Better late than never that the U.S. is ordering testing of airports' low-altitude warning systems following disclosure that Guam's system wasn't working when Korea Flight 801 crashed Aug.6.
It's a shame that it took a tragedy of this magnitude -- 226 passengers and crew killed -- to do what should have been done in the first place.
The jumbo jet's crew knew that the Guam airport's radar guidance beam was down for repairs, but neither pilots nor air traffic controllers had any way of knowing that the minimum safe altitude warning system was also on the blink.
That computer-based system is a key backup safeguard when the radar is out. Working properly, it gives controllers warnings when planes approach the airport on too-low a flight path. It failed for 801, says the National Transportation Safety Board, because of a software glitch.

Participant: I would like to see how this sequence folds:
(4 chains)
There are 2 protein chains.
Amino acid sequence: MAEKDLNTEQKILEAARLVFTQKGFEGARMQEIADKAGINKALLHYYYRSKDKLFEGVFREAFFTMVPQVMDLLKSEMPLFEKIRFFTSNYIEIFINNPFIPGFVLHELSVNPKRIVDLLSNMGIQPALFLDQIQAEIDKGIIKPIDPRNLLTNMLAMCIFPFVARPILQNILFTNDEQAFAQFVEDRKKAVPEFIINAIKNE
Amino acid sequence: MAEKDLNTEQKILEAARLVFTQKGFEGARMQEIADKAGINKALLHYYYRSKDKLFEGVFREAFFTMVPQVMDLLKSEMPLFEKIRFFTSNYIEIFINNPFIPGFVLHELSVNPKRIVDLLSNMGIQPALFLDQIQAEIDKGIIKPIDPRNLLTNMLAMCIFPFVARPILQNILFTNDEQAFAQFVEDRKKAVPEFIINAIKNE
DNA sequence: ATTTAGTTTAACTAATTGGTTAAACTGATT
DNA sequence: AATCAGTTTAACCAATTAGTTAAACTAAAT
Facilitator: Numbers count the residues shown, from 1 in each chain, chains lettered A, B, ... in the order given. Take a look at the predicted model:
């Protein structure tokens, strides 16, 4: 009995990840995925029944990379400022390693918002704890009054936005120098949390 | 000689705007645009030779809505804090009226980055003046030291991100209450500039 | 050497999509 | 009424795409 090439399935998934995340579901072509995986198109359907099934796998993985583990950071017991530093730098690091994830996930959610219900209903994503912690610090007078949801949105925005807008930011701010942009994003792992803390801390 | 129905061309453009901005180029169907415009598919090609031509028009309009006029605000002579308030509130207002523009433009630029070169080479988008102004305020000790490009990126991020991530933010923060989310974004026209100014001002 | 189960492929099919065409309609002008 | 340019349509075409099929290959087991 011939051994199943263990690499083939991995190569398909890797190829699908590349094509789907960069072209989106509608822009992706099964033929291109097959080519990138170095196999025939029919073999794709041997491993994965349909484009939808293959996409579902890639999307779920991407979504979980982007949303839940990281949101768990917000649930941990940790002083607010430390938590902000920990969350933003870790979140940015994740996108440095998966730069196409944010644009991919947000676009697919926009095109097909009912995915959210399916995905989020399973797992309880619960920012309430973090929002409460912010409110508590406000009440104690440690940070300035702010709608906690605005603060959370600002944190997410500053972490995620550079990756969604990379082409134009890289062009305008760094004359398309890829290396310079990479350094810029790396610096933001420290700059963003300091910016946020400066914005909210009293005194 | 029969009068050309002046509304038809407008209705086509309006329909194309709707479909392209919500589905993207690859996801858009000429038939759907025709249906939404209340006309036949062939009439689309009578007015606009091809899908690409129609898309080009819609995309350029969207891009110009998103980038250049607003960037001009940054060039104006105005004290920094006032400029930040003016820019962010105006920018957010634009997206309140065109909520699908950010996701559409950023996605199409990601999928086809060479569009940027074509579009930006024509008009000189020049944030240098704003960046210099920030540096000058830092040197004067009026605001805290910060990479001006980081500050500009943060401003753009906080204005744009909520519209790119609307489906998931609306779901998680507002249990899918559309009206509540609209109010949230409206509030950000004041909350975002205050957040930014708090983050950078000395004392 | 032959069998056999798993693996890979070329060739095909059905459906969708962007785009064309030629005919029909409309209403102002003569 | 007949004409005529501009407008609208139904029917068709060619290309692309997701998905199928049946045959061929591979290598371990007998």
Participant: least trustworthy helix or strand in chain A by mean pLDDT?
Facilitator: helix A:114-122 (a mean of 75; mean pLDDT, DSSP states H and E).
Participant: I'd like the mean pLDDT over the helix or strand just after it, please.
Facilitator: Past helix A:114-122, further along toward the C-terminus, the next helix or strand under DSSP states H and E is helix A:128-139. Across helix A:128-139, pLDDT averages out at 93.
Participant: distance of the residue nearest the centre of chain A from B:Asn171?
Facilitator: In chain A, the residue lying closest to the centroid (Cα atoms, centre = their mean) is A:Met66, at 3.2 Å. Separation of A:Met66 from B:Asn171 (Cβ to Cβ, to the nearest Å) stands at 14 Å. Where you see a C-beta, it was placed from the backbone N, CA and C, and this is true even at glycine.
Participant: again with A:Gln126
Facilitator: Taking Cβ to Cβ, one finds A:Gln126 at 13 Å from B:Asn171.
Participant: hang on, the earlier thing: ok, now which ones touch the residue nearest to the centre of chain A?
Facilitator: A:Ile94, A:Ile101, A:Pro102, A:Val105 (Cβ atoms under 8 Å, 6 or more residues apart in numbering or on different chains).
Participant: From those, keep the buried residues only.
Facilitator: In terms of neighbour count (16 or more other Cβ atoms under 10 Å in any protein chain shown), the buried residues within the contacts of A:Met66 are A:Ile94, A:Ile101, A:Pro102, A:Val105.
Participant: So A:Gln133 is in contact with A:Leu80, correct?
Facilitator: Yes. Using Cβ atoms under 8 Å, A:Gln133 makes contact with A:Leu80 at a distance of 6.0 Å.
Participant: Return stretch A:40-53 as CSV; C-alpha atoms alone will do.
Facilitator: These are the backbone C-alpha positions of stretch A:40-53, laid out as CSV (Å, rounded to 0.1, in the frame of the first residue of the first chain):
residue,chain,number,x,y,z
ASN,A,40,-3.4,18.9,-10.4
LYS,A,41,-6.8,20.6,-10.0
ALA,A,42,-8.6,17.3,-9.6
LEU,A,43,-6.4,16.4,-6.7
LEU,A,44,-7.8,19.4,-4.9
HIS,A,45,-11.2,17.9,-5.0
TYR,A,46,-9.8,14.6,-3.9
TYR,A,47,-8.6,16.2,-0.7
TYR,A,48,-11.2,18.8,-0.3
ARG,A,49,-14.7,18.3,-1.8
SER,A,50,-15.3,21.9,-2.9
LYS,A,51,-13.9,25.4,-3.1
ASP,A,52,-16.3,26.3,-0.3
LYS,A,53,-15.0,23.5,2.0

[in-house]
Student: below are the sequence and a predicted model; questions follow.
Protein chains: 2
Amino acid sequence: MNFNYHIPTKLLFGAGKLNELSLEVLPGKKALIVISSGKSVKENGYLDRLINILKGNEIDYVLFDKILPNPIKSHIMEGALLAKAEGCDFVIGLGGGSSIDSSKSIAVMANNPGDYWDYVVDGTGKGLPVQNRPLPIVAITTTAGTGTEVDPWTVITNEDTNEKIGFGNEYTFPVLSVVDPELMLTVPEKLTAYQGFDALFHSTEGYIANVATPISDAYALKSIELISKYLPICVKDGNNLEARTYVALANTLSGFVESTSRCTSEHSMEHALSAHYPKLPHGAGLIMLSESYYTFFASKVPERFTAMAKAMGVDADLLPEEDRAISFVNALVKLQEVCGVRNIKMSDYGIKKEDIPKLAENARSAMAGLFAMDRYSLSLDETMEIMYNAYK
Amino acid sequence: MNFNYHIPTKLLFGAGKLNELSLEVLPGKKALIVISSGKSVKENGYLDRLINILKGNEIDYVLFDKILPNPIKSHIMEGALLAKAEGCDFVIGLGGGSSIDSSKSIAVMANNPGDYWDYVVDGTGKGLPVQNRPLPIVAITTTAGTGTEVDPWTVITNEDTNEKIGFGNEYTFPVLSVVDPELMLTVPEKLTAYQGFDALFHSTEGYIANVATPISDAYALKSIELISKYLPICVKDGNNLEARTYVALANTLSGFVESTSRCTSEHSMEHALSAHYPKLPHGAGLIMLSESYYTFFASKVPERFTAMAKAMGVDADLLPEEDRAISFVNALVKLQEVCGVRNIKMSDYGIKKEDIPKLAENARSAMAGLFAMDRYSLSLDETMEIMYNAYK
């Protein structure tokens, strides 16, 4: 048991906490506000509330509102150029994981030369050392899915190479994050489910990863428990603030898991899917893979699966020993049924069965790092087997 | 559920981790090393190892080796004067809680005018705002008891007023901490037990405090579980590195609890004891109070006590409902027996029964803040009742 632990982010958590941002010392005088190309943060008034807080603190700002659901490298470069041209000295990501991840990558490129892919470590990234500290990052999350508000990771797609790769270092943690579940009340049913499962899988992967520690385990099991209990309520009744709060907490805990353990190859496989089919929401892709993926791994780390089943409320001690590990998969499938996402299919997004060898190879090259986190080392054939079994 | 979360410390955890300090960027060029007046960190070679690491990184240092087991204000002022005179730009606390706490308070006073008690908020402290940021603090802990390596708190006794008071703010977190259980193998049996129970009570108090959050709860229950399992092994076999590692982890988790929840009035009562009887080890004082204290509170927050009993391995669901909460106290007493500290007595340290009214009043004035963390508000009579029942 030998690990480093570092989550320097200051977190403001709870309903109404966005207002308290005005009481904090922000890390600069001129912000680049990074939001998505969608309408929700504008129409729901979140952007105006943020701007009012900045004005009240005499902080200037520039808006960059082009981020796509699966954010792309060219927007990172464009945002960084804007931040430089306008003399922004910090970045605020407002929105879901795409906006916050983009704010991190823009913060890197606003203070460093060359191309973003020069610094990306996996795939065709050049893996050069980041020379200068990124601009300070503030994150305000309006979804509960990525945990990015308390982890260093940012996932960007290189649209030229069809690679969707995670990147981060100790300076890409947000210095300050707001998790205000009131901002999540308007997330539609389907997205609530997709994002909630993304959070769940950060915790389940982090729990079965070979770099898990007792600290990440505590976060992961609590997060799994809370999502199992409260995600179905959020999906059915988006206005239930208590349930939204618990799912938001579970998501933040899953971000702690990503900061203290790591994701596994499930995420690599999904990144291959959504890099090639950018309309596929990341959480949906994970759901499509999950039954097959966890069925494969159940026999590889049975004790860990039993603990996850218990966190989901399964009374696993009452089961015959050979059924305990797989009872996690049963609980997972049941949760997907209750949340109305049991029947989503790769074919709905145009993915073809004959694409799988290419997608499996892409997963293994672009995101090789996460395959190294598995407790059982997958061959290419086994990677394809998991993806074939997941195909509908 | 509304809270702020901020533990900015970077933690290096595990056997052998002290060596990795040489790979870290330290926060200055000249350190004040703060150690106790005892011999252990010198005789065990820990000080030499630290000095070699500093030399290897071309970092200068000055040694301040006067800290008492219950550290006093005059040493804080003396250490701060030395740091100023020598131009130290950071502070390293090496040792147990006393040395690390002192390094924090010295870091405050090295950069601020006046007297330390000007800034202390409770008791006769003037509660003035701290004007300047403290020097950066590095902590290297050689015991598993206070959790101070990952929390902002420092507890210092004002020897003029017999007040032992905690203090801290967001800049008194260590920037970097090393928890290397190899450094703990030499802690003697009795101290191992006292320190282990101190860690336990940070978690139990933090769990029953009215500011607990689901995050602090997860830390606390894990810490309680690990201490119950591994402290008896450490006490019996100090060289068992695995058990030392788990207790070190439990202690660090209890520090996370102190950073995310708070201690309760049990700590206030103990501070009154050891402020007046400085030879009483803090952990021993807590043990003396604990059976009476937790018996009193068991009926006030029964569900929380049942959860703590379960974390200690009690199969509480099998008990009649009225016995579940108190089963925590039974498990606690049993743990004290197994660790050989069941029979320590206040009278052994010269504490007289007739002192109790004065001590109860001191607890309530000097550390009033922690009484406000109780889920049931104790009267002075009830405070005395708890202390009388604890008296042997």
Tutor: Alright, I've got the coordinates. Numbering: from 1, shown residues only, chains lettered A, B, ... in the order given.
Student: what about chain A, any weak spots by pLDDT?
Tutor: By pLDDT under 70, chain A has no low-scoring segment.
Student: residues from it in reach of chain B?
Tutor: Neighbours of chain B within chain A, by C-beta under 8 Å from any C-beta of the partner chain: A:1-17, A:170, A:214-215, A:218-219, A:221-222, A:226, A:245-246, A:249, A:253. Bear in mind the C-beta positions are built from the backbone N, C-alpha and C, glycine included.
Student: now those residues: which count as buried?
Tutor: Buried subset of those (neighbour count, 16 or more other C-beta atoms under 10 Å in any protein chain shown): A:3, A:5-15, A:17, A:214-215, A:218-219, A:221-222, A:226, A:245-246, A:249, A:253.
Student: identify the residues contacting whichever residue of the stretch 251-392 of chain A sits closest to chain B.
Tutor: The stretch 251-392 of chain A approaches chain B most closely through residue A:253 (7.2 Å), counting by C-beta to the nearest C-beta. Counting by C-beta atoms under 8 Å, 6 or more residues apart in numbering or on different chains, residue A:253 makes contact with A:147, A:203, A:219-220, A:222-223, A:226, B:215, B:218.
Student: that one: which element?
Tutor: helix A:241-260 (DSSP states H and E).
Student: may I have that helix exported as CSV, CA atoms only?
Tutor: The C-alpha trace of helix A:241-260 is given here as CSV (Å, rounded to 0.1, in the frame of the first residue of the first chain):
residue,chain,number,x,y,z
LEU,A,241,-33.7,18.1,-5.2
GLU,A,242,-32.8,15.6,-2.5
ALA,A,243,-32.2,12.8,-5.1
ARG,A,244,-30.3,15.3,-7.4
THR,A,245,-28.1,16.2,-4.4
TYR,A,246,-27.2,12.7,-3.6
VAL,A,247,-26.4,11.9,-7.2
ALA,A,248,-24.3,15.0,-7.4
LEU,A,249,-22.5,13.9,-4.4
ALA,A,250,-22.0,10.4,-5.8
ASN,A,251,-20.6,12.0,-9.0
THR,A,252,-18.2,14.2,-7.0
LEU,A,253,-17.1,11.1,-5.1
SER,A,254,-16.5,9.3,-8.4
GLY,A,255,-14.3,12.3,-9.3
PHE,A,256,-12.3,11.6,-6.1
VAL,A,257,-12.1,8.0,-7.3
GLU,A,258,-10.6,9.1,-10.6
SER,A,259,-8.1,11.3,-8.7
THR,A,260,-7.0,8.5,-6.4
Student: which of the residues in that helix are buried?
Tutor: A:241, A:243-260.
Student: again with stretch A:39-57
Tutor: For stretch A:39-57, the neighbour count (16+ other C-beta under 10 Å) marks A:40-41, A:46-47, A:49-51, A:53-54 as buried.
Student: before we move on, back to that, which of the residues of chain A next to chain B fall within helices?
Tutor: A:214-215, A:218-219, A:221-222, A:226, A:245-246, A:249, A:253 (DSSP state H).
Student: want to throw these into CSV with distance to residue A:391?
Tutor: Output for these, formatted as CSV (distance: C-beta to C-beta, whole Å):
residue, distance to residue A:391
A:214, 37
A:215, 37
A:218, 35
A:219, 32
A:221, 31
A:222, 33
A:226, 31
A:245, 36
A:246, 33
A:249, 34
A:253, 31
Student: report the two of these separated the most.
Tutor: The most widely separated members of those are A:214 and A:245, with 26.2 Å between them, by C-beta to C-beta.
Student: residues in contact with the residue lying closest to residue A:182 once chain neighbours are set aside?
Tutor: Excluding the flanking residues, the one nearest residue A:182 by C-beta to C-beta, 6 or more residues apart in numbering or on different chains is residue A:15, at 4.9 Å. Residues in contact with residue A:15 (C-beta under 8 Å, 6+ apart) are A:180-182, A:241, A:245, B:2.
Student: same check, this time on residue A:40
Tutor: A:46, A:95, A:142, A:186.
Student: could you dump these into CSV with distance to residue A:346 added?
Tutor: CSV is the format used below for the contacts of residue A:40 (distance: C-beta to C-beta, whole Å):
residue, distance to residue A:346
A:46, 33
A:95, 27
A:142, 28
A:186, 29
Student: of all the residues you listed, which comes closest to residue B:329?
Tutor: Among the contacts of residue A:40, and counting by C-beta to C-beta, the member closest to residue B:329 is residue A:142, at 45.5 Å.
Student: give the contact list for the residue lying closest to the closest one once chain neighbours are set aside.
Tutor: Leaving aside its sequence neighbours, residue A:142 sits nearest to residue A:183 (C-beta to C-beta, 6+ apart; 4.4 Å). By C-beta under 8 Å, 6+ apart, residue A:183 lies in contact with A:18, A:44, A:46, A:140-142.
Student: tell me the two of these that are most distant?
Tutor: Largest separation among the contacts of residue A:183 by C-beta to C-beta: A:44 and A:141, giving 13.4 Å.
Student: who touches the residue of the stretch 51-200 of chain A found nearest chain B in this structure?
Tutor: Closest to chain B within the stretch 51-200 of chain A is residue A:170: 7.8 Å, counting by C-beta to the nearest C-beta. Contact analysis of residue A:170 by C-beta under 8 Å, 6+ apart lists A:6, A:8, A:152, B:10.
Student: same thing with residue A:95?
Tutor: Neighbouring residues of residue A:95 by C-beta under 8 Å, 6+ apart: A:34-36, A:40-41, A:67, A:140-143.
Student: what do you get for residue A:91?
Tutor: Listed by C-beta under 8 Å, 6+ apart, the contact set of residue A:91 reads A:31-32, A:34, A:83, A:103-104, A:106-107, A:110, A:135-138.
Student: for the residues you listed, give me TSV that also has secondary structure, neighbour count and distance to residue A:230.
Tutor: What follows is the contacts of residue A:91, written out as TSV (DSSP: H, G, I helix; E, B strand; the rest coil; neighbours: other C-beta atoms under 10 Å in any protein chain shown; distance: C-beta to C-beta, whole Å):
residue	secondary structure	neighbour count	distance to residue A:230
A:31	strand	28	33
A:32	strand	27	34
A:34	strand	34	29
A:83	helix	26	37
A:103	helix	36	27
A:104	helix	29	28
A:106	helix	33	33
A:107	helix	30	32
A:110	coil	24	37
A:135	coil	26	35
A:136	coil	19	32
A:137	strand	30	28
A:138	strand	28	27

It's appalling that the software was installed by the Federal Aviation Agency, the very agency responsible for policing air safety. Installers should have known that software development generally carries a high failure rate.
Not only should all airports' software systems be checked to ensure proper functioning, but FAA heads should roll, too.
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